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Metropolitan Motors v. State

New Jersey Superior Court, Appellate Division


Decided: February 17, 1956.

METROPOLITAN MOTORS, A CORPORATION OF THE STATE OF NEW JERSEY, APPELLANT,
v.
STATE OF NEW JERSEY, DIVISION OF MOTOR VEHICLES AND FREDERICK J. GASSERT, JR., DIRECTOR, RESPONDENTS

Clapp, Jayne and Francis. The opinion of the court was delivered by Francis, J.A.D.

Francis

[39 NJSuper Page 210]

This appeal was instituted under R.R. 4:88-8 to review the refusal of the Director of Motor Vehicles to grant the appellant a motor vehicle dealer's license.

On June 14, 1955 appellant Metropolitan Motors, a New Jersey corporation, filed an application for such a license with the Division of Motor Vehicles under N.J.S.A. 39:10-19. The required fee was tendered and it is not suggested that the papers were not in proper form.

The statute provides:

"No person shall engage in the business of buying, selling or dealing in motor vehicles in this state, unless he is authorized to do so under the provisions of this chapter. The commissioner may, upon application in such form as he prescribes, license any proper person as such dealer. No person who has been convicted of a crime, arising out of fraud or misrepresentation in the sale or financing of a motor vehicle, shall be eligible to receive a license * * *." (Emphasis supplied)

Appellant's application lists Mary Milkowski as president and Joseph Ruoto, Sr., as secretary-treasurer of the corporation. The following question contained therein:

"7a. Do you knowingly intend to employ a person who has been convicted of crime arising out of fraud or misrepresentation in the sale or financing of a motor vehicle, or of any other crime, or who previously licensed as a dealer in this State was subject to action that resulted in revocation of the license?"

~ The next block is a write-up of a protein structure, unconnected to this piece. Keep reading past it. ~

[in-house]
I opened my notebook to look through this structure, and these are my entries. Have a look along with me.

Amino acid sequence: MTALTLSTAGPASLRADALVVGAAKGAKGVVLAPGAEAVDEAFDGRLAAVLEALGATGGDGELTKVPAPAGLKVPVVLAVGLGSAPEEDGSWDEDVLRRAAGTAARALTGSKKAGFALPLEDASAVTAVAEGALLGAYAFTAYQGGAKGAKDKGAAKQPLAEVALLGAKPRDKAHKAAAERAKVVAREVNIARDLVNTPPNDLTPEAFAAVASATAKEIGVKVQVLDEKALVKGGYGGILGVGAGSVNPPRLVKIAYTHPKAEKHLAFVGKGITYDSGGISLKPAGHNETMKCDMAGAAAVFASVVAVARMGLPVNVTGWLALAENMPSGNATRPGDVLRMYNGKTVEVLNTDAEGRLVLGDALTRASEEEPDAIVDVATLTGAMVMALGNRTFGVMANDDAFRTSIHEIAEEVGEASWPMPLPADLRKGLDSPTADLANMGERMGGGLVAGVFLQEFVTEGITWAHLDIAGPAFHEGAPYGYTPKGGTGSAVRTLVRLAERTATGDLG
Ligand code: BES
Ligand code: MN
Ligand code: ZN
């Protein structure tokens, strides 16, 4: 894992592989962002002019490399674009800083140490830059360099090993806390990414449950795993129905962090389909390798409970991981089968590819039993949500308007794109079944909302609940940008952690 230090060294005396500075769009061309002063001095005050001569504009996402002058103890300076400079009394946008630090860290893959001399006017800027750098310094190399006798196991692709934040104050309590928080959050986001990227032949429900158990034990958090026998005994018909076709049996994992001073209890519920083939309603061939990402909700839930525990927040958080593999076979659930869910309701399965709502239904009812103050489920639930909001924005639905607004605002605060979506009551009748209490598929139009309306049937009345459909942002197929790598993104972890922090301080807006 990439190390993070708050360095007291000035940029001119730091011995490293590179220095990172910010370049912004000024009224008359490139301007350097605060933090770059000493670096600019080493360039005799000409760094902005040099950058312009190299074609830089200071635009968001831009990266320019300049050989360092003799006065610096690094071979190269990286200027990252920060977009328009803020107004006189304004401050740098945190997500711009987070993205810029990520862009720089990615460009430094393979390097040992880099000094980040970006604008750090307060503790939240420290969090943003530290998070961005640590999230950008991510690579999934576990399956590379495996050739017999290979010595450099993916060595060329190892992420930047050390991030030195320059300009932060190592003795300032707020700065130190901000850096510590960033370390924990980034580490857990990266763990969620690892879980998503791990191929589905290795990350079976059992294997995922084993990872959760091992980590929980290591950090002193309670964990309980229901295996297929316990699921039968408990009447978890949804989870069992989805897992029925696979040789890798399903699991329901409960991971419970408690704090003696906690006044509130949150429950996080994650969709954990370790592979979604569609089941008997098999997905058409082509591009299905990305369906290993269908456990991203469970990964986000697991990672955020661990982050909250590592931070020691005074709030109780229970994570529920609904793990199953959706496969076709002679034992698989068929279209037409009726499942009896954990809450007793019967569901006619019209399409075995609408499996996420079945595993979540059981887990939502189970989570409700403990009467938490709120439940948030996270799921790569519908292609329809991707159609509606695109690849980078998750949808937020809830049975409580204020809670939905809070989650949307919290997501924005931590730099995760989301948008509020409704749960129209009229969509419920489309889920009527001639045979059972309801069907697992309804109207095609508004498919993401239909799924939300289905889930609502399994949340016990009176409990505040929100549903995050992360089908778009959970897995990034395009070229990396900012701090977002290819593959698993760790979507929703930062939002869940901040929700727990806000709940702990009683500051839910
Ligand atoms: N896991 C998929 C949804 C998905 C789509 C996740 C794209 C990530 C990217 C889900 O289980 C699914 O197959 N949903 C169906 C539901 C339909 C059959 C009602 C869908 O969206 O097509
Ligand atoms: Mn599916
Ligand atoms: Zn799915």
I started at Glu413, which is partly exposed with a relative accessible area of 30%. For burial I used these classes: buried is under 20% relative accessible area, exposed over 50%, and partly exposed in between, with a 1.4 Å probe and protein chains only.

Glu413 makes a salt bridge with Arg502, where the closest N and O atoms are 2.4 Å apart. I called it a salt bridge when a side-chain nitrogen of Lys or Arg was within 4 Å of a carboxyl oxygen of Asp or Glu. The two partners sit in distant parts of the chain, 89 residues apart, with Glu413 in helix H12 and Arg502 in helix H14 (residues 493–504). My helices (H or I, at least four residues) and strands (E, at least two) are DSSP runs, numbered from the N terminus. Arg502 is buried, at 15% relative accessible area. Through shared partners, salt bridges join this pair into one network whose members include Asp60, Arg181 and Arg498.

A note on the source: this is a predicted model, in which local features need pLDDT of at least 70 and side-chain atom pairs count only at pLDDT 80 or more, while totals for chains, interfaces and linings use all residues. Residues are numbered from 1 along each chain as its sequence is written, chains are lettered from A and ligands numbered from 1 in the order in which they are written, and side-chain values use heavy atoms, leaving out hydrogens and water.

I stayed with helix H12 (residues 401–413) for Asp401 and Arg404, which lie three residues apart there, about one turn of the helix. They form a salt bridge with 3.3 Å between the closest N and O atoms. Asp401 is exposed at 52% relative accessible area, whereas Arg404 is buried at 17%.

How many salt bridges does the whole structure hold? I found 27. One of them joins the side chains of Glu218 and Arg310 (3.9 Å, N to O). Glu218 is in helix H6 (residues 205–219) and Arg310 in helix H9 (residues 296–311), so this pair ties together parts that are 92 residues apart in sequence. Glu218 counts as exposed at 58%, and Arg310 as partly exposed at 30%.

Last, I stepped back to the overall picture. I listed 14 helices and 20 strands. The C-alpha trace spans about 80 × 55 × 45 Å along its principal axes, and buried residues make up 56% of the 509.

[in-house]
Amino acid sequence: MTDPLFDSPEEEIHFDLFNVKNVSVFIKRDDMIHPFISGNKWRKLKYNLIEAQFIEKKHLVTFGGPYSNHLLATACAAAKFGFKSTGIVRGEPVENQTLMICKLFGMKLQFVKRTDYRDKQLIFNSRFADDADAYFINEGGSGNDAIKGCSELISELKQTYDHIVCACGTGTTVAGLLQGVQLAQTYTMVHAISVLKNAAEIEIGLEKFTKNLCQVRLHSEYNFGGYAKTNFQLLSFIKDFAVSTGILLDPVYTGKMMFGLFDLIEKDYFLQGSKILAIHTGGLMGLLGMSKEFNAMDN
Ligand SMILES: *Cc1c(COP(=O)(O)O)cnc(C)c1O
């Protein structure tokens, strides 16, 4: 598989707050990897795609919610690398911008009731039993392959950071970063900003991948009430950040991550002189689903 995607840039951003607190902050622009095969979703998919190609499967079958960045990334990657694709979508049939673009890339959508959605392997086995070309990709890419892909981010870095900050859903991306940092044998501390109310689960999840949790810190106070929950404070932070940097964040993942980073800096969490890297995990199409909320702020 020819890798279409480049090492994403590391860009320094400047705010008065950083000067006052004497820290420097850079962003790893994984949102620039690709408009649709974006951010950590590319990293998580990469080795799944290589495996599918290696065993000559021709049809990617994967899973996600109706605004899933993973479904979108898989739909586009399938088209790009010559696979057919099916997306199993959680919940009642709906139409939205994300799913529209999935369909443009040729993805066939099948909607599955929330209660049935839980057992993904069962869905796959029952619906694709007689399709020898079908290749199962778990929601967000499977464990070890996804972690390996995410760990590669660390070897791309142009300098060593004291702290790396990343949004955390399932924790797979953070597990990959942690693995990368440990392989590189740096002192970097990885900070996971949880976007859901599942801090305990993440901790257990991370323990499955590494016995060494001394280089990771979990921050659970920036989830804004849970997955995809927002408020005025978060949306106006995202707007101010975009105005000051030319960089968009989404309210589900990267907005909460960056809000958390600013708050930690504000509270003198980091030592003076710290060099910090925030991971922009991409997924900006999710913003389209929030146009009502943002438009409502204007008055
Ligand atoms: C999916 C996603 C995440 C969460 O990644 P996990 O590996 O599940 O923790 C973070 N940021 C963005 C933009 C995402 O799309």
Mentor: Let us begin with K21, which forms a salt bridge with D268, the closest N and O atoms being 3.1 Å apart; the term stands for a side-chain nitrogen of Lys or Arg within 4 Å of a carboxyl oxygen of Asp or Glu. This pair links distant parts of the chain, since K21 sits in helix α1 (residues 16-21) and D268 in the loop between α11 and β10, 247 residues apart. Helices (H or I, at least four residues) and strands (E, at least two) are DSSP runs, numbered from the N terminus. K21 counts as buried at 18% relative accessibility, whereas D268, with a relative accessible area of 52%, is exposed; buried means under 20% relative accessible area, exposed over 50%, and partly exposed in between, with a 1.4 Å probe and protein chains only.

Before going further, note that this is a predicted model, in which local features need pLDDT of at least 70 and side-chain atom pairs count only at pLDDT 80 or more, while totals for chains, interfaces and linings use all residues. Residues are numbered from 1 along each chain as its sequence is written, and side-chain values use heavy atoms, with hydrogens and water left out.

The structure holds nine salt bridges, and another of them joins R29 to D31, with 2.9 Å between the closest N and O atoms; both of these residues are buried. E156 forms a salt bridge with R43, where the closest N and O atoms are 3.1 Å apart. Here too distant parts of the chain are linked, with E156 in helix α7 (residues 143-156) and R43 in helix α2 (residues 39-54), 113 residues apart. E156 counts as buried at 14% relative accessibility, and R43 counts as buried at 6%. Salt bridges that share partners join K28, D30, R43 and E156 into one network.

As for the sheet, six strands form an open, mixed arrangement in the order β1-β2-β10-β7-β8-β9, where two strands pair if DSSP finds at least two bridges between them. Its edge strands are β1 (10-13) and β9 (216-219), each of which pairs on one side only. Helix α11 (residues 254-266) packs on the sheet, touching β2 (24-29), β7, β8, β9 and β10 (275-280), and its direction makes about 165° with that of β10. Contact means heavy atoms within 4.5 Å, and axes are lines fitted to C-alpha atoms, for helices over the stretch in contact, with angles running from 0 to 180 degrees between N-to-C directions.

was answered in the negative. Also included in the completed form is an agreement that "any misrepresentation herein shall be sufficient cause for rejection * * *."

[39 NJSuper Page 211]

On July 1 the Director notified appellant that the license was being denied "at this time,"

"* * * because of an investigation now being conducted in Essex County on a certain individual who is the brother of Mary Milkowski -- President of the firm, and son of Joseph Ruoto, Sr. -- who is Secretary-Treasurer of the firm * * *."

When this appeal was taken, the Director applied for and was granted leave to add an appendix to his brief in the form of affidavits setting forth the basis for refusing to issue the license.

According to the affidavits, an investigation revealed that the premises where the applicant's business is to be conducted had been the place of operation of Joseph Ruoto, Jr., brother of appellant's president and son of its secretary-treasurer. The records of the Division showed that Joseph Ruoto had held a motor vehicle dealer's license which was revoked on or about June 21, 1955. The revocation occurred when he failed to appear at a hearing to answer charges of violating N.J.S.A. 39:10-12 (making false application for duplicate certificate of vehicle ownership) and subsections (a), (b), (c) and (e) of N.J.S.A. 39:10-24.

It is further asserted therein that subsequently Ruoto was indicted by the Essex County grand jury for larceny of motor vehicles, alteration of motor vehicle serial numbers, false statements to the Director of Motor Vehicles, and conspiracy. These charges are awaiting trial.

Finally, the Director claims and furnishes additional corroboratory proof with respect thereto that Ruoto's sister and father are mere figureheads in Metropolitan Motors and that he is and would be the real operator of the business.

Answering these assertions, appellant says they are being projected now for the first time, that no hearing was accorded on them by the Director, and for this court to sustain the action would be to approve a denial of due process.

The Director has informed us in his brief that it is the practice of his Division to grant a hearing in cases where licenses are denied, if one is requested. And he points out

[39 NJSuper Page 212]

that none was asked for after Metropolitan's application was rejected. Substantial significance cannot be attached to such failure because, so far as the record shows, there is no written or recorded rule in existence designed to give notice of or call to the attention of interested members of the public that a hearing may be had, if demanded. Cf. Mazza v. Cavicchia , 15 N.J. 498, 510, 511 (1954). Publication of such administrative rules is one of the advantageous requirements of an administrative procedure act. Cf. Administrative Procedure Act § 3, 60 Stat. 238 (1946), 5 U.S.C.A. § 1002 (1950).